Being on the losing side of a rowing race is not something Hamish Bond has been involved in much during his career in the Kiwi pair. With former partner Eric Murray, he went eight years without that happening.
Through two full Olympic cycles, and two Olympic championships, Murray and Bond piled up 69 consecutive wins in rowing. After the Rio Olympics, after Murray announced he was hanging up his oar for good, Bond decided to switch to cycling.
That’s when he experienced not finishing first in any race he entered. “I lost a few races cycling, so I know what it’s like to not always come out being first.”
He was OK with that, and though he was only planning on taking a short break from rowing, the fun and challenge of a new sport drew him in deep, had him thinking about cycling his way through the Tokyo Olympics.
“I only intended on having a break for about a year, but one thing led to another and it was going quite well, so I sort of went down that rabbit hole a little bit. But it came to a sort of natural conclusion and I ended up in track cycling.”
What he found out about riding that discipline was it didn’t really appeal to him, or at least not as much to hang another Olympic run on. “I just didn’t enjoy it as much I probably needed to, not enough to fully invest in the Olympic program.”
So, he began looking at what he wanted to do. He said he knew he wanted to be involved in the 2020 Olympiad, but it was not going to be in cycling. And he turned to what might be left to do in rowing.
“I sort of reassessed and thought about what I wanted to do, and the eight has always been a big challenge. I mean, it’s been something that I guess Eric and I, and the whole New Zealand program has wanted to try and achieve, but we’ve always been focusing on the small boats.
“So, I thought it was the only thing I was excited about, and that was basically the basis of my decision (to come back to rowing) and I thought I would jump in there and give it a go. The pair didn’t really interest me, or the four, or any other boat. I thought we had the nucleus of an eight so I thought I’d give that a go.”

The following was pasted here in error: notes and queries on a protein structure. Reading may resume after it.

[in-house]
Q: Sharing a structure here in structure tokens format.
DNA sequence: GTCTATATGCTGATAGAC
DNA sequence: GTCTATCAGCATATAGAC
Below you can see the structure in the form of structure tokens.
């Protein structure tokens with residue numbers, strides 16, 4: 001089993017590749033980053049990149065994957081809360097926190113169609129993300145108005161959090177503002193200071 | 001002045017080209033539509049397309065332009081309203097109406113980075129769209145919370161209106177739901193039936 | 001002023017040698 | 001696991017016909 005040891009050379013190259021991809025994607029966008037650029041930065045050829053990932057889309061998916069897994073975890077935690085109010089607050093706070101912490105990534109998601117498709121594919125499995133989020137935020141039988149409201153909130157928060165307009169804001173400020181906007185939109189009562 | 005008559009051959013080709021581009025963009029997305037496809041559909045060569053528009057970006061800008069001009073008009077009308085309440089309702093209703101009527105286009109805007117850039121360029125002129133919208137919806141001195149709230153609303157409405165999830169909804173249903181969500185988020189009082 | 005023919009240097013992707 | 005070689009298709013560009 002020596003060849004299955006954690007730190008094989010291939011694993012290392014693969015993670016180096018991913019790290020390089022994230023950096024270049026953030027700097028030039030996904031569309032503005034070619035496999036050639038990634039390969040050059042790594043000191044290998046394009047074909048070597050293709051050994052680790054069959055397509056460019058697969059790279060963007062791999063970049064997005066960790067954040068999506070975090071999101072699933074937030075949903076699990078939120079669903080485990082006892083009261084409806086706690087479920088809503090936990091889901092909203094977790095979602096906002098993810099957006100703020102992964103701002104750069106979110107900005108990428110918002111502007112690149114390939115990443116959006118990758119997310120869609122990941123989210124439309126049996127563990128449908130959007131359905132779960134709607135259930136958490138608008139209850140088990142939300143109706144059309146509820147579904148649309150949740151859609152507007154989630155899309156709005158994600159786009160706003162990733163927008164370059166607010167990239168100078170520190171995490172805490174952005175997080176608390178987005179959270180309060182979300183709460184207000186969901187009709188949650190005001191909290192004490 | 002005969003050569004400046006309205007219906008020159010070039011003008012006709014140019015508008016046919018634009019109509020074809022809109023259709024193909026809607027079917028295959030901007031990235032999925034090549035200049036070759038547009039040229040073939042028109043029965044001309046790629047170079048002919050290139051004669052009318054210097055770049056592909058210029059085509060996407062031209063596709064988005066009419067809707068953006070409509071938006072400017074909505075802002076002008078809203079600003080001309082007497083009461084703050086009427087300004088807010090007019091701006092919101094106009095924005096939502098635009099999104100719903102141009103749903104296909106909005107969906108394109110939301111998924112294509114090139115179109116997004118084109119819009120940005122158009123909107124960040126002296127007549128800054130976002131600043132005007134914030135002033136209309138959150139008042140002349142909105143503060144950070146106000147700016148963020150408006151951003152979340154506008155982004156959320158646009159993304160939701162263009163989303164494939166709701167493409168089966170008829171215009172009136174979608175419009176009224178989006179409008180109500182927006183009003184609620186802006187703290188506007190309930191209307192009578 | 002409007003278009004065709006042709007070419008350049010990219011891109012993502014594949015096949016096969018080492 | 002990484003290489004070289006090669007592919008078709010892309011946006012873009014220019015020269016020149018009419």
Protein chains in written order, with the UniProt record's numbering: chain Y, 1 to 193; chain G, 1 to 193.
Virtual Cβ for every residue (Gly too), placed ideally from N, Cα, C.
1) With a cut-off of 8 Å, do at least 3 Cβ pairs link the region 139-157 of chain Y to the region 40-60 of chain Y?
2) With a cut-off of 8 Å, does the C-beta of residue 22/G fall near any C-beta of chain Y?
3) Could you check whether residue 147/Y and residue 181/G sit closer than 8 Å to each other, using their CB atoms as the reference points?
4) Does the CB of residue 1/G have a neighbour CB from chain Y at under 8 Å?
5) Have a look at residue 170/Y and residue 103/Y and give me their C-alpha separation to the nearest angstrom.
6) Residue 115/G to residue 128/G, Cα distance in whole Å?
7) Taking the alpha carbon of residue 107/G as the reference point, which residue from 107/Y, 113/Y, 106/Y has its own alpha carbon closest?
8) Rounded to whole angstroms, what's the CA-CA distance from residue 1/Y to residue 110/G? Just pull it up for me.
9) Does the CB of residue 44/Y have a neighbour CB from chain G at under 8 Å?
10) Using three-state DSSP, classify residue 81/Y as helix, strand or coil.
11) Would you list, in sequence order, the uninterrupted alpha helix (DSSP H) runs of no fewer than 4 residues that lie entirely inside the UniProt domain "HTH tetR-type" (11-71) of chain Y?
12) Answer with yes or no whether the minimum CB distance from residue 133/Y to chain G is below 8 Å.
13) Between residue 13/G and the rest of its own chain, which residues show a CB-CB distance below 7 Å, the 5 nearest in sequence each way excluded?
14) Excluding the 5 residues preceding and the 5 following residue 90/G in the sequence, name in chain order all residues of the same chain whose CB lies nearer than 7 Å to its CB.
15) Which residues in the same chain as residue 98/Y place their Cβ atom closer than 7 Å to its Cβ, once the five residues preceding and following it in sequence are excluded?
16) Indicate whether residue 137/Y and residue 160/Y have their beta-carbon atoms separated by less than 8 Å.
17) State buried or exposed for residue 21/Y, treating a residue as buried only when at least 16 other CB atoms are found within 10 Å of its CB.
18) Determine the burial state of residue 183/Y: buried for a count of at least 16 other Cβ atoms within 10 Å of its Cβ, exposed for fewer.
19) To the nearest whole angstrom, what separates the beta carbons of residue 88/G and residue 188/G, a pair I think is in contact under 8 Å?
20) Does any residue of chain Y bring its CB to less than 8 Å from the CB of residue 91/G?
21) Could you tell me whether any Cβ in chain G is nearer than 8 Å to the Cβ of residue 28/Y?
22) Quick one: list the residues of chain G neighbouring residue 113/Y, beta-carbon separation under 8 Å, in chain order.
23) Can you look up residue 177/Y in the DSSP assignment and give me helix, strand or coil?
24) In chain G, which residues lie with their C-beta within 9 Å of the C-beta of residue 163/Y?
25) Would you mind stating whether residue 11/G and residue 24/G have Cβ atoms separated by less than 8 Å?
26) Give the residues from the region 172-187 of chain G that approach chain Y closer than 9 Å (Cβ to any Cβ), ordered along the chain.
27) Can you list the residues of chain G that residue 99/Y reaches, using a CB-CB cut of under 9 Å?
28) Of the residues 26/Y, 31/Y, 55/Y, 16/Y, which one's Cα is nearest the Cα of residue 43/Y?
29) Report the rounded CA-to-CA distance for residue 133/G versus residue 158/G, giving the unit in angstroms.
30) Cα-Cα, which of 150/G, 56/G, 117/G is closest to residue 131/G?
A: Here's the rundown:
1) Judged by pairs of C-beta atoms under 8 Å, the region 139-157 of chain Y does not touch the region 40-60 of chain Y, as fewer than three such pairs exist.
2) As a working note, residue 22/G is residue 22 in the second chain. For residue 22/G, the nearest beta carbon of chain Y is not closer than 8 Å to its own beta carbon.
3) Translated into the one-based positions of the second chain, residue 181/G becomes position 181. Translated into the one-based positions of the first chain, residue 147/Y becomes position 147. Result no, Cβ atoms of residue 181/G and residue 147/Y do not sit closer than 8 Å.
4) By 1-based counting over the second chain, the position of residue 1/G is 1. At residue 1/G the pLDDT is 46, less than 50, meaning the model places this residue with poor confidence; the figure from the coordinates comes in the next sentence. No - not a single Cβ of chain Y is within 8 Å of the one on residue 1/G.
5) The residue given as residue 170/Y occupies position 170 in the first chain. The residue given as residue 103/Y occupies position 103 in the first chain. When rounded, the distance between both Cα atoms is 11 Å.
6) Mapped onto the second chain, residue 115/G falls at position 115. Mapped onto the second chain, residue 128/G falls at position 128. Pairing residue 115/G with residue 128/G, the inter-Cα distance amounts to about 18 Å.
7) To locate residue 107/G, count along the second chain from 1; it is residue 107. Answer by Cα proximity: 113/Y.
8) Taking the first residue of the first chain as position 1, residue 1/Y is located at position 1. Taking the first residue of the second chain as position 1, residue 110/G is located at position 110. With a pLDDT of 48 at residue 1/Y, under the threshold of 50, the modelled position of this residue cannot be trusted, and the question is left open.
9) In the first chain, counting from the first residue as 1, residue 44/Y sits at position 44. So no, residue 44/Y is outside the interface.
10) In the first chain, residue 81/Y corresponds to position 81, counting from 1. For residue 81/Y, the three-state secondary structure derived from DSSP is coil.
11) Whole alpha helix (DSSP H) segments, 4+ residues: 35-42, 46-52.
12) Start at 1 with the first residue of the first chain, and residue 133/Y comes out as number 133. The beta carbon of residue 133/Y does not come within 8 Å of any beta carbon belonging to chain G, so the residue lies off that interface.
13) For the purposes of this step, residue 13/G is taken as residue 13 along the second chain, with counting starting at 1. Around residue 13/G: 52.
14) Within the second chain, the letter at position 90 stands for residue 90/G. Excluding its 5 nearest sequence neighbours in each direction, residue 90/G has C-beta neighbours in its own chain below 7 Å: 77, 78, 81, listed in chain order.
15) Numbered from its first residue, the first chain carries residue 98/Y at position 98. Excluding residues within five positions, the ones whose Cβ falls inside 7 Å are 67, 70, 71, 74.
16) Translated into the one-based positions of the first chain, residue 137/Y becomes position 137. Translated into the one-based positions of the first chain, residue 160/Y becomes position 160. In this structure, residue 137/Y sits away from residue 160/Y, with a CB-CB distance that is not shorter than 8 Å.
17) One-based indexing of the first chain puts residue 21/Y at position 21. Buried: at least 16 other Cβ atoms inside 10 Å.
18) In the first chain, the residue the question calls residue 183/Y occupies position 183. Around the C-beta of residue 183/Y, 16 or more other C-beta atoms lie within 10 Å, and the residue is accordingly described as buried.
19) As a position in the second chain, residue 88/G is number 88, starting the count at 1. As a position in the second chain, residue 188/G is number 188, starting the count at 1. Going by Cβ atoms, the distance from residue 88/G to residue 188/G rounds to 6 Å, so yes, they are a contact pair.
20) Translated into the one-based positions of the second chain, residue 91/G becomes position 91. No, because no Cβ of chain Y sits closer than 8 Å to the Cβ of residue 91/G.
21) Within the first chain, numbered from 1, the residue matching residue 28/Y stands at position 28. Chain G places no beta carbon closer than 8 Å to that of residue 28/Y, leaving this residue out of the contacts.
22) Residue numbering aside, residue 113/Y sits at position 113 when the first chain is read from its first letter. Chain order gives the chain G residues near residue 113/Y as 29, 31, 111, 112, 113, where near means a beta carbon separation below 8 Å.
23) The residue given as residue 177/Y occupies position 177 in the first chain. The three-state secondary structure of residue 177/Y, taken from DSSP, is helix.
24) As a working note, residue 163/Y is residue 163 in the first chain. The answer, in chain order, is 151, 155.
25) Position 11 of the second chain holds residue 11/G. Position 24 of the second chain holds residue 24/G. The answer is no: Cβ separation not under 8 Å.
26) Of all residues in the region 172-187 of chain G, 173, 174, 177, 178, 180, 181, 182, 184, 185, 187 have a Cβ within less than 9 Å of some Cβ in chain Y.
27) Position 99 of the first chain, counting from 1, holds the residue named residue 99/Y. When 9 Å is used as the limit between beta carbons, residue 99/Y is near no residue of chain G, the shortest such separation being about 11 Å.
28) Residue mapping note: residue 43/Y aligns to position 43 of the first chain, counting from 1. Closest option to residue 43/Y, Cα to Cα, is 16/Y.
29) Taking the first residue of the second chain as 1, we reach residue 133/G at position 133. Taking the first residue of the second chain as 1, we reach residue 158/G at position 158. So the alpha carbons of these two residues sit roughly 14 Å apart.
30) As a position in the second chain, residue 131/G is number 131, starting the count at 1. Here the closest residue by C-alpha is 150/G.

If it was a challenge he was looking for, Bond found it.
Along with Olympic single two-time gold medalist, Mahe Drysdale, who was also in the eight after being beaten twice beaten out of the single by Robbie Manson, Bond returned to rowing and after Tuesday, is facing elimination from a World Championship regatta and not qualifying in a crew for Tokyo.
New Zealand is not out of the picture. Not by a long shot. But in the heat of the men’s eights Tuesday, the Kiwis finished fourth and will have to come out of the rep to make it to the final, and then regroup enough to win one of the five qualifying places available in the 2019 World Championships.
For the New Zealand eight, the year has been one long seesaw ride, especially against the British. They finished fourth at World Cup II and the Brits finished second. Then New Zealand beat the British at Henley, and then lost to them in the next race at World Cup III, finishing in third behind second place Germany.
Hamish Bond and Mahe Drysdale at Henley Prize Giving with the New Zealand eight
Tuesday, in Linz-Ottensheim – in the same heat that Great Britain won and the US finished second – New Zealand finished fourth. After racing, Bond talked about his journey since leaving rowing after Rio.
“It’s been an up and down year, but mostly pretty good, pretty encouraging,” he said.
“Obviously, today we didn’t exactly preform how we hoped. We got to the thousand and fell off the cliff, which is not ideal. Usually we try to back ourselves on our fitness over the back half of the race. We have to work out what went wrong there, and hopefully come out in this repechage and try and book a place in this final, because obviously if we’re not in the final then there is no chance of Olympic qualification. So, it’s a tall order at this point.”
Bond said he wasn’t thinking about what he would do through next year if they eight did not qualify and had to go to the Final Olympic Qualification Regatta next spring.
“I think we’re not really worried about that at this point,” he said. “We’re obviously trying to take one of the last spots. I guess if not we’ll have to reassess. But we’ll come out and fight the rest of the week.”
Looking back to his stint in cycling and his career in the pair with Murray, Bond said he was somewhat prepared for not just winning Tuesday.
“The eight is just a different beast. Certainly nobody just really just romps away in the eight, maybe Germany to a degree. It just doesn’t happen.
“This is different. With Eric, we were just faster. We obviously had to race really hard. And we trained really hard, but I knew if we were near our best, we’d be faster than the other crews and that it sort of happened like that.
“In the eight, I know that intuitively we have to fight for every stroke and every place, and I just go out and try to row to the best of my abilities,” he said. “I think the best you can bring to an eight is execute to the best of your abilities, and hope that everyone else does the same and collectively it comes together.”
On the up and down year with Great Britain and the Tuesday heat, Bond said:
“Oh, they smashed us today. I guess from an individual point of view we all have to look at ourselves with the heat not gong quite the way we wanted, and everyone’s got to find another 10 or 15 watts a man and hopefully that will come through in the second thousand.”